Tuesday, September 13, 2022

Booknotes: Healing a Divided Nation

New Arrival:
Healing a Divided Nation: How the American Civil War Revolutionized Western Medicine by Carole Adrienne (Pegasus Bks, 2022).

From the description: "At the start of the Civil War, the medical field in America was rudimentary, unsanitary, and woefully underprepared to address what would become the bloodiest conflict on U.S. soil. However, in this historic moment of pivotal social and political change, medicine was also fast evolving to meet the needs of the time. Unprecedented strides were made in the science of medicine, and as women and African Americans were admitted into the field for the first time."

One of the overarching themes of Carole Adrienne's Healing a Divided Nation is her argument that we can trace much of our current healthcare system and its diverse practitioners to the ways in which the Civil War transformed western medicine. Primarily in its "cultural and historical context," Adrienne's book illustrates "how the advancements made in these four years reverberated throughout the western world for years to come."

More from the description: "Beginning with the state of medicine at the outset of the war, when doctors did not even know about sterilizing their tools, Adrienne illuminates the transformation in American healthcare through primary source texts that document the lives and achievements of the individuals who pioneered these changes in medicine and society." Glancing through the book, which is written in popular history style, narrative emphasis is primarily placed on individual stories and their sociological impact. That said, the historical outlook is broad. "Analyzing the changes in education, society, humanitarianism, and technology in addition to the scientific strides of the period lends Healing a Divided Nation a uniquely wide lens to the topic, expanding the legacy of the developments made."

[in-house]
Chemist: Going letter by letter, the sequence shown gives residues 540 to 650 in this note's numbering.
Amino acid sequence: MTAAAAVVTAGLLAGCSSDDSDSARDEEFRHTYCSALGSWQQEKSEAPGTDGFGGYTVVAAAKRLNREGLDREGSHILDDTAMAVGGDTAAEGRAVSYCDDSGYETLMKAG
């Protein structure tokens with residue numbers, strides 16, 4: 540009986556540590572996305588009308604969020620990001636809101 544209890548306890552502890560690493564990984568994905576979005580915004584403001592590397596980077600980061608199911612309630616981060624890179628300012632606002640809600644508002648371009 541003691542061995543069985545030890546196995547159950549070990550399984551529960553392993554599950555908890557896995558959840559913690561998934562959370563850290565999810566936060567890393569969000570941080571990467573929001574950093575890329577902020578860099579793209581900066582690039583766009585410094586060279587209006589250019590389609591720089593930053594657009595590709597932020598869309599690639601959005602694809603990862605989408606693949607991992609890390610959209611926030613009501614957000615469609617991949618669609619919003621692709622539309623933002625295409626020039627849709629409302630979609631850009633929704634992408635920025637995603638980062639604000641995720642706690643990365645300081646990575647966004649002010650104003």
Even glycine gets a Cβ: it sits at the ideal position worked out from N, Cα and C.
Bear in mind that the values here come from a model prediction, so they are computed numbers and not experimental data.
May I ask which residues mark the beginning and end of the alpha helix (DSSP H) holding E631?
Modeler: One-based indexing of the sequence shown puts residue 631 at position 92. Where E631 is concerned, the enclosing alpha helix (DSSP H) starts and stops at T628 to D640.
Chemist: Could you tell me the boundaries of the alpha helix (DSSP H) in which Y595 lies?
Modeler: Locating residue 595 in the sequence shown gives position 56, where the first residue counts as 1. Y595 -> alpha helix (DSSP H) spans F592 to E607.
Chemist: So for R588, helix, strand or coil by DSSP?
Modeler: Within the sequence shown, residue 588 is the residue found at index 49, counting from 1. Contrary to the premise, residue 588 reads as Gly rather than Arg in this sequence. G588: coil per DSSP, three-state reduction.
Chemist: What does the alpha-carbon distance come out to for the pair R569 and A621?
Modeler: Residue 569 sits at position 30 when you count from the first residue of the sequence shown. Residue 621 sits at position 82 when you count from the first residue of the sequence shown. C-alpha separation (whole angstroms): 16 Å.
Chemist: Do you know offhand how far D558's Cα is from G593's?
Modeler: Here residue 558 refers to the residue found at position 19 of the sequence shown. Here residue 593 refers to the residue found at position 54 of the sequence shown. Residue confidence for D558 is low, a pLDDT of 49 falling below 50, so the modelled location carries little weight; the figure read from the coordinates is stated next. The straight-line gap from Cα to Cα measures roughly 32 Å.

The first chapter looks at the state of medicine in the US on the eve of the Civil War (including a rundown of some common treatment protocols), and the second summarizes how emerging weapons and technology expanded killing power and contributed to the war's carnage. The next section focuses on the impact and careers of individual physicians (men and women, white and black). The expanded role of women in nursing is examined next, again with considerable focus on individual stories. External challenges to treating the war's mass casualties and innovations addressing those and others are the subject of the next chapter, which also credits the war's extensive documentation of medical information as invaluably benefiting future physician training and treatment of wounds and disease. Another section discusses how the war drove the evolution of hospitals. The final part of the book addresses how civilian volunteerism and organized humanitarian efforts (ex. Civil War sanitary fairs, ladies' aid societies, etc.) aided active, wounded, and recovering soldiers. That chapter also explores international connections that reverberate today in the form of the Geneva Convention's rules of war and the Red Cross.

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